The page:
I just received the newsletter of the Capitol Area Microcomputer Society, Albany, NY. CAMS is an umbrella group with several constitutent "SIGs". One of them was an Osborne SIG. I say was because the June newsletter reports that the Osborne group is disbanding.

Where is CFOG and Where is it Going

CFOG used to have over 500 members. It dropped in 1985 to about 400. This year it has fallen to about 275. In June our Board had a meeting devoted to future planning, and the June downtown SIG and regular meeting were devoted to discussion of future planning. Apparently not too many members have an interest in CFOG's future: only about 20 showed up for the Sunday meeting.

Some decision has to be made. Even if the decision is to keep CFOG going as a purely CP/M user group, the decision has to be made. While it's true that we started out as an Osborne user group, we've effectively changed that in recent times so that we're now a more-or-less generic CP/M user group. At the same time, many of our members have or use other computers: our president and sysop of RCPM #2, Bill Kuykendall and our director at large and sysop of RCPM #1, Glen Ostgaard, work all day on MS-DOS computers; Cedric Chernick, who maintains our mailing list, works all day with a Burrougns system that runs MS-DOS as a task; Dave Jacobsohn, who sends out those postcard meeting notices that you get every month, has an AT&T 6300+ at home; Tom Ferguson, our Treasurer, works all day with an IBM PC; Rand Gerald, our Secretary, works all day with a variety of systems from CP/M to mini-computers. I could go on and on.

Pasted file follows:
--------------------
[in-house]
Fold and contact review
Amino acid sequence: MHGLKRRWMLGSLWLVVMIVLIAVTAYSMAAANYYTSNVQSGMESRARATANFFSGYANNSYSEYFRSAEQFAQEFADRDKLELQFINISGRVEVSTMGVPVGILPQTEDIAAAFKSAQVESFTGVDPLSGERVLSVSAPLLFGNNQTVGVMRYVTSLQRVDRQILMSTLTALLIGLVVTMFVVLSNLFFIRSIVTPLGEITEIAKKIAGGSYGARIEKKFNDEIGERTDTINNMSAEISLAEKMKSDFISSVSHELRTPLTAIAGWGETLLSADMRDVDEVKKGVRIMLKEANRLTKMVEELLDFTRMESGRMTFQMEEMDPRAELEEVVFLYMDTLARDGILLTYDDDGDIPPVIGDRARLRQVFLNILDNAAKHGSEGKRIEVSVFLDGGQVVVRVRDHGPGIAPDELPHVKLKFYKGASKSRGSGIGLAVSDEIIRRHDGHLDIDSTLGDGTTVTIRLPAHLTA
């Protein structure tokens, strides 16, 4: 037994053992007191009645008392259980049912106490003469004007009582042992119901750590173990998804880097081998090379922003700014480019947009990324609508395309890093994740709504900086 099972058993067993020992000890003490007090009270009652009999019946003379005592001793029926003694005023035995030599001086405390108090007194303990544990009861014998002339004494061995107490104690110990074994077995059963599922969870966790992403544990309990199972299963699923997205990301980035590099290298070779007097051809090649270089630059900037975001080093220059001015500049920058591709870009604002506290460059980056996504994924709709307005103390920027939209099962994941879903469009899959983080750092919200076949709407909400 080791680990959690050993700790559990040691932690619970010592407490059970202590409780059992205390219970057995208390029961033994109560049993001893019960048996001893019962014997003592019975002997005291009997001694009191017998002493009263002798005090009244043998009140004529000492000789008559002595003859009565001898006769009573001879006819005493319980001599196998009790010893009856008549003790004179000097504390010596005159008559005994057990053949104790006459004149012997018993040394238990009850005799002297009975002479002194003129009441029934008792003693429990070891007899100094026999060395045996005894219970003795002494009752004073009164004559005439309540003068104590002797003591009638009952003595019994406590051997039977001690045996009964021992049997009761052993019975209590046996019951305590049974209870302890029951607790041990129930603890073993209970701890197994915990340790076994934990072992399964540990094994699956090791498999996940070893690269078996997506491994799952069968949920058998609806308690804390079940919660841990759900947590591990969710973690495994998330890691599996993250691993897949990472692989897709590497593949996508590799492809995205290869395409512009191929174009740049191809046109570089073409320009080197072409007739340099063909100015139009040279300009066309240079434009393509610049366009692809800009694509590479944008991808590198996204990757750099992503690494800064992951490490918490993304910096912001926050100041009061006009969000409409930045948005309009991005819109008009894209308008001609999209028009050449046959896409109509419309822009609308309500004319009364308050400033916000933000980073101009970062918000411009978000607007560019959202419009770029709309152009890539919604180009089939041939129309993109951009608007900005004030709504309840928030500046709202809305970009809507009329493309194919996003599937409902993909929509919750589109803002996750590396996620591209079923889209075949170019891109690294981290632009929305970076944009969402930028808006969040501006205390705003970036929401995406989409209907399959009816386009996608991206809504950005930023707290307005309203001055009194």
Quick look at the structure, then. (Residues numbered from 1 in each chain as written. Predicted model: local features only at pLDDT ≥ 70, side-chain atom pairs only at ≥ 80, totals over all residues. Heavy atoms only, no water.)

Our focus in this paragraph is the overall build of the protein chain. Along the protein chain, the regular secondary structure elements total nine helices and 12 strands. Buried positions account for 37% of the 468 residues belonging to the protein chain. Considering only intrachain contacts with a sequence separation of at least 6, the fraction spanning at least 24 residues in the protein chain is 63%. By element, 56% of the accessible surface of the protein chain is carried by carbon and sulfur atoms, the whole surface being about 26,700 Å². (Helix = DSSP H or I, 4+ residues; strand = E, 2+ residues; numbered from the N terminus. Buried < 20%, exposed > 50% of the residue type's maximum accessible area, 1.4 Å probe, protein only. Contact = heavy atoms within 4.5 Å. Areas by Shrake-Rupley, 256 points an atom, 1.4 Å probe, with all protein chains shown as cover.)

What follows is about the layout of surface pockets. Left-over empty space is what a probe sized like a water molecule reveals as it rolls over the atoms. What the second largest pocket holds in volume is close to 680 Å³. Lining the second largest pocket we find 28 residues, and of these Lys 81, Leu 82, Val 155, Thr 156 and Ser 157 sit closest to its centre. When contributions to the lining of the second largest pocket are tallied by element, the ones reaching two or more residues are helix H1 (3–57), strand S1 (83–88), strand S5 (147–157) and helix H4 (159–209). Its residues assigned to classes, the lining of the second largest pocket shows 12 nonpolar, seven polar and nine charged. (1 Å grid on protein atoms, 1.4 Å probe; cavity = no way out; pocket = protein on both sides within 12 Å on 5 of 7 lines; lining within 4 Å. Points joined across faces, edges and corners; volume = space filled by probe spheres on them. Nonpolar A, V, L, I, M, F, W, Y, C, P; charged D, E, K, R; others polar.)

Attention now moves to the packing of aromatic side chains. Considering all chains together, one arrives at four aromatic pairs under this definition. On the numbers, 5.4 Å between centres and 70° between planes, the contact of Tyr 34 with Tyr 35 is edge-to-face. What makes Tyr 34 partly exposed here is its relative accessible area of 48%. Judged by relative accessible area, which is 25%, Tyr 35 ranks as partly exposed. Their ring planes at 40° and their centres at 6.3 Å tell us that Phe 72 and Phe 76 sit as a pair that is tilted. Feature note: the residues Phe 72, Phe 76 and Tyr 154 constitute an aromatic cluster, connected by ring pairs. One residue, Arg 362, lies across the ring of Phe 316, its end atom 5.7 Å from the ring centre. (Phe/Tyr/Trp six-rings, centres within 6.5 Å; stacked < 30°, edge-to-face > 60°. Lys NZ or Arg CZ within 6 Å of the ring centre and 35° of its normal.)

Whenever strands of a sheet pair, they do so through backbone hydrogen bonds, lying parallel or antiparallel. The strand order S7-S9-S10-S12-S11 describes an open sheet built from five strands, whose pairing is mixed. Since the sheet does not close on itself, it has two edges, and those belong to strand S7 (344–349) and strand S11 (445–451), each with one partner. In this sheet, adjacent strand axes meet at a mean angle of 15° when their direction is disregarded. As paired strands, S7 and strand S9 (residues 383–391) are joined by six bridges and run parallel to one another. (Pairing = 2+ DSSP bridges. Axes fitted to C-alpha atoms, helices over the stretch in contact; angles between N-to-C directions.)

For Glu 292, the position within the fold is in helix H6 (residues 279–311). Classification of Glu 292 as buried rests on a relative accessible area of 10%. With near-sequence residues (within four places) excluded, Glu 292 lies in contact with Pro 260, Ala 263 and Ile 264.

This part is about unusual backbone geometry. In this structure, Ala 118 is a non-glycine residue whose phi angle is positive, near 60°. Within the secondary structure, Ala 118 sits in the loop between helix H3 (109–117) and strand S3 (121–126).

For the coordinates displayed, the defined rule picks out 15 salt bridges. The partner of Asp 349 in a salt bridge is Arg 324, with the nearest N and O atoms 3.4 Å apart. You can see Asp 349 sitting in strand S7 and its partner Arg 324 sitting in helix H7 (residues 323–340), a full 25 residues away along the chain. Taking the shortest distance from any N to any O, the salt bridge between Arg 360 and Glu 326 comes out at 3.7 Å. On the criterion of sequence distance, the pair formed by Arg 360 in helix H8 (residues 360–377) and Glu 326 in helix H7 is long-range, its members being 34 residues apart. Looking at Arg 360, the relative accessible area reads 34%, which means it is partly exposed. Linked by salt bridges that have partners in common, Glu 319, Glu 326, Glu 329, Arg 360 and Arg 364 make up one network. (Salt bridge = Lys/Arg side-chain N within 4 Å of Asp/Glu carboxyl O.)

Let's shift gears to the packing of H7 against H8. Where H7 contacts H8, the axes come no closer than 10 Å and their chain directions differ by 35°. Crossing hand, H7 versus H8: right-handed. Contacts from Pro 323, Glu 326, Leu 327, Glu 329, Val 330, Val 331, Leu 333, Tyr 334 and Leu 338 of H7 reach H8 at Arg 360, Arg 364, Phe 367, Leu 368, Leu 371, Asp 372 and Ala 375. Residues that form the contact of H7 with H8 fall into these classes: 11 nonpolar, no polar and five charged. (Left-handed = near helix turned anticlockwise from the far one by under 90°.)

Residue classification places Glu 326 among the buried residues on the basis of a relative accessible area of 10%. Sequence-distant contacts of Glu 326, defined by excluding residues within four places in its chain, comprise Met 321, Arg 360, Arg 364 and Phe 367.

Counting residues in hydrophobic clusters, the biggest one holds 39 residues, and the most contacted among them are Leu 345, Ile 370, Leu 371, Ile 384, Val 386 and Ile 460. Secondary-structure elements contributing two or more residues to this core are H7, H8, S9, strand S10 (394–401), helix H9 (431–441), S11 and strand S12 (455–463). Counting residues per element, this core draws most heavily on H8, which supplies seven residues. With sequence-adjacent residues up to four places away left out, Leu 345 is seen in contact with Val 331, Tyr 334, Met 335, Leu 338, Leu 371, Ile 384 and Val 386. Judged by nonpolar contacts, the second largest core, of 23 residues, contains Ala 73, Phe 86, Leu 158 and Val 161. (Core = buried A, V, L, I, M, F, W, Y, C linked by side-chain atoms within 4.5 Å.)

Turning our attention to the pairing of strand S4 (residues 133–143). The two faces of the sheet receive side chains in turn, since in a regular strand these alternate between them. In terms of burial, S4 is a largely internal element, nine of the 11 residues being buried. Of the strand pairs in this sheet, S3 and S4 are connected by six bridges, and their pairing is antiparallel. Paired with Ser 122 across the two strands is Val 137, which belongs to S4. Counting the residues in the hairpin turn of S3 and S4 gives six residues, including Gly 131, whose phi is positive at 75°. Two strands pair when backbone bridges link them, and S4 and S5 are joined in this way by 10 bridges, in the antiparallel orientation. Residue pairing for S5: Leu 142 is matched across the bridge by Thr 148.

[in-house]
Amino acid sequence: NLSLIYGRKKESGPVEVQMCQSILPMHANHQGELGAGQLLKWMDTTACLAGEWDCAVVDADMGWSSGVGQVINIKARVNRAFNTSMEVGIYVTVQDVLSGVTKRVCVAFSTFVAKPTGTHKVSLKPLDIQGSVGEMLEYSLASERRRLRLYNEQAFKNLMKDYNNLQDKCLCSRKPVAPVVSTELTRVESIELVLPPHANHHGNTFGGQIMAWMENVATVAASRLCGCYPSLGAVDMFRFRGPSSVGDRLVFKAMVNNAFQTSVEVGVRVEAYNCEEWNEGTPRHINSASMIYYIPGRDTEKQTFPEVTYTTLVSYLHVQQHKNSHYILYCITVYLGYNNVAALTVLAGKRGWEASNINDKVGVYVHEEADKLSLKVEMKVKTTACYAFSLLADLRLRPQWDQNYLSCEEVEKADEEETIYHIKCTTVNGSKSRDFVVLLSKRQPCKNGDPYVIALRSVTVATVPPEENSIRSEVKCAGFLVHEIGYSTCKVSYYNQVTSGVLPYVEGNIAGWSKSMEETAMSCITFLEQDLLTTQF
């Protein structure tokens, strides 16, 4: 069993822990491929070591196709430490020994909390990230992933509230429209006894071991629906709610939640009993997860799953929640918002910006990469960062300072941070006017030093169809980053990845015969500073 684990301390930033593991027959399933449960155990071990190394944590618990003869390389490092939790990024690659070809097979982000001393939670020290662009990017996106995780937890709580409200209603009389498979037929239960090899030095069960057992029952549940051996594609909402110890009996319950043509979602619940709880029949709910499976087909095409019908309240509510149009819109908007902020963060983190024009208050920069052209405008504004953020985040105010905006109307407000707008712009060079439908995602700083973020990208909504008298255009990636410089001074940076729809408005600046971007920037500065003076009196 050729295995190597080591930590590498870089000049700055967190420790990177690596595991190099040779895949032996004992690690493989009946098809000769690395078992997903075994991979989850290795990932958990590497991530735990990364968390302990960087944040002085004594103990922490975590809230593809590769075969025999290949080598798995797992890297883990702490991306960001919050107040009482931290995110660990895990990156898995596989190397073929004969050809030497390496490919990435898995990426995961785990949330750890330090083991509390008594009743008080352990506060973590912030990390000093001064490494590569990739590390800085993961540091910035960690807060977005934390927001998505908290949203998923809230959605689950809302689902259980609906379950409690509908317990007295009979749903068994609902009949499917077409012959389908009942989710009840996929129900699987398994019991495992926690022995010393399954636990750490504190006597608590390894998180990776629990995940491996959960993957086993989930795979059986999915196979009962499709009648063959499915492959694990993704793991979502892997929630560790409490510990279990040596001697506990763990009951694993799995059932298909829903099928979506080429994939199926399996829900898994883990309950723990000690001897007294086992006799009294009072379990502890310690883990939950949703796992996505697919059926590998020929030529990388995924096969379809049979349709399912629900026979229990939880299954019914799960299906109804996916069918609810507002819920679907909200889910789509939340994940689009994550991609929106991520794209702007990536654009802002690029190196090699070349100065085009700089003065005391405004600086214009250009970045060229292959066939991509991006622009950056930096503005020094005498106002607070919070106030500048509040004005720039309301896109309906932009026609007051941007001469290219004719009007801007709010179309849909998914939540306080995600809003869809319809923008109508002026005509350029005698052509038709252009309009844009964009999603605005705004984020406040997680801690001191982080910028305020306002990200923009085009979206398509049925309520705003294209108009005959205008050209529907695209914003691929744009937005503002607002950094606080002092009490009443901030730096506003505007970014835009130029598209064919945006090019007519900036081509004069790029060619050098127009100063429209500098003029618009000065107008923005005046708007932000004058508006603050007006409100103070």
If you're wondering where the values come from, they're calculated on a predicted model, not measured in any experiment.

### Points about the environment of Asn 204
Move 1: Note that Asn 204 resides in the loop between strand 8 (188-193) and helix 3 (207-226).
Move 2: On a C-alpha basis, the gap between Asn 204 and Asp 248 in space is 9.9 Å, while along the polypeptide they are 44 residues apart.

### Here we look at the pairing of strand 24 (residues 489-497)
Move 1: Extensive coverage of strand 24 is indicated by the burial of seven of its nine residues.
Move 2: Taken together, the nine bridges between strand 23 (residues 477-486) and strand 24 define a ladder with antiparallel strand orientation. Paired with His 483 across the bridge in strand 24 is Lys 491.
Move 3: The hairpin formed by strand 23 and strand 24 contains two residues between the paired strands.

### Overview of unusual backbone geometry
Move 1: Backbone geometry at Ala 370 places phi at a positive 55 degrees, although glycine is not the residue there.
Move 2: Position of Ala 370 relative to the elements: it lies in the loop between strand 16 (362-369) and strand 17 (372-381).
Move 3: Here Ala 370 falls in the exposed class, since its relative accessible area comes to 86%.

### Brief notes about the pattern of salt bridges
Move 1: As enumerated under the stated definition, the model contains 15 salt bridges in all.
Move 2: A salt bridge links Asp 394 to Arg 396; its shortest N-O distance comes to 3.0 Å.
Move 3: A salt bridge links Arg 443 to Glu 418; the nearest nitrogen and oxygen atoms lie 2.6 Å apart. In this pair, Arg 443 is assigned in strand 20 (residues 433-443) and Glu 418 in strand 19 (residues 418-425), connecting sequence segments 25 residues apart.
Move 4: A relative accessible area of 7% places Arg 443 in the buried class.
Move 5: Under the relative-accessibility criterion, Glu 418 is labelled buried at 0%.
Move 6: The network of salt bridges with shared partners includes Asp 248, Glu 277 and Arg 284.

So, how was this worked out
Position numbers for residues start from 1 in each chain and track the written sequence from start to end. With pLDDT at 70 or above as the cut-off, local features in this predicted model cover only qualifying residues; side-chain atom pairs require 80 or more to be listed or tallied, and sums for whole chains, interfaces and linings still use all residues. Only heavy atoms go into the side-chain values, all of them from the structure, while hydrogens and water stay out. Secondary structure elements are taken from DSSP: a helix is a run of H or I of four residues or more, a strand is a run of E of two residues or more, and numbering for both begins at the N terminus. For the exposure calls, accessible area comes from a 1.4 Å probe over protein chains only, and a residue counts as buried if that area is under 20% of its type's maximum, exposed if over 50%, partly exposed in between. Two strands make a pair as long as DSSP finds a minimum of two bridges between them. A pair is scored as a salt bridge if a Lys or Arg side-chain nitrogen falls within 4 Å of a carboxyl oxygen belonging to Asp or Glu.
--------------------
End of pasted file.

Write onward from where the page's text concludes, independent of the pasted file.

Yet at the same time I'm using my CP/M systems every day at home and office and have no current plans to change. Indeed, it's my expectation that I'll continue to use essentially the same systems for two to five years more. In fact, I've just ordered a hard disk for the office. There are no doubt others in the group who are very happy with their CP/M systems and have no plans to change them. Like the old car that you drive to the train station, it still does the job and no matter how fancy the new ones may be there is no reason to replace it even if you can afford to.

What does this all mean? Can CFOG continue to be a CP/M user group with no support for people who aren't using CP/M? Not really, for several reasons. First, as Bill Kuykendall points out, we use WordStar, we use SuperCalc and SuperCalc 2, we use dBase II -- and so do MS-DOS users. So when we support WordStar users, SuperCalc users, and dBase II users, we're not supporting CP/M, we're supporting our users.

Second, a lot of us just barely or just rarely use CP/M. Most of us start out the day firing up our computer with a disk that automatically starts up an application, be it WordStar, SuperCalc, dBase II, or some other program that we work with. At the end of our working session we use NewSweep to make backup copies of our work results. Later we use MEX to call the RCPM where we utilize the Metal Message System to read the messages. Where's CP/M? The fact is that we use our applications most of all, and while the run under the CP/M operating system, WordStar, SuperCalc, dBase II, and MEX all have MS-DOS versions!

Third, many of our most active members are among those who use other systems. I named a few above. They are not going to want to belong only to a group that supports only CP/M. They will migrate to other groups if CFOG doesn't keep their interest. We'll lose more members, and may find it hard to maintain the group at all.

Stay tuned. Read the colloquy that's on pages 3-4 and 13. Then get your two cents in by leaving a message on one of our RCPMs or by writing to our President if you don't have a modem.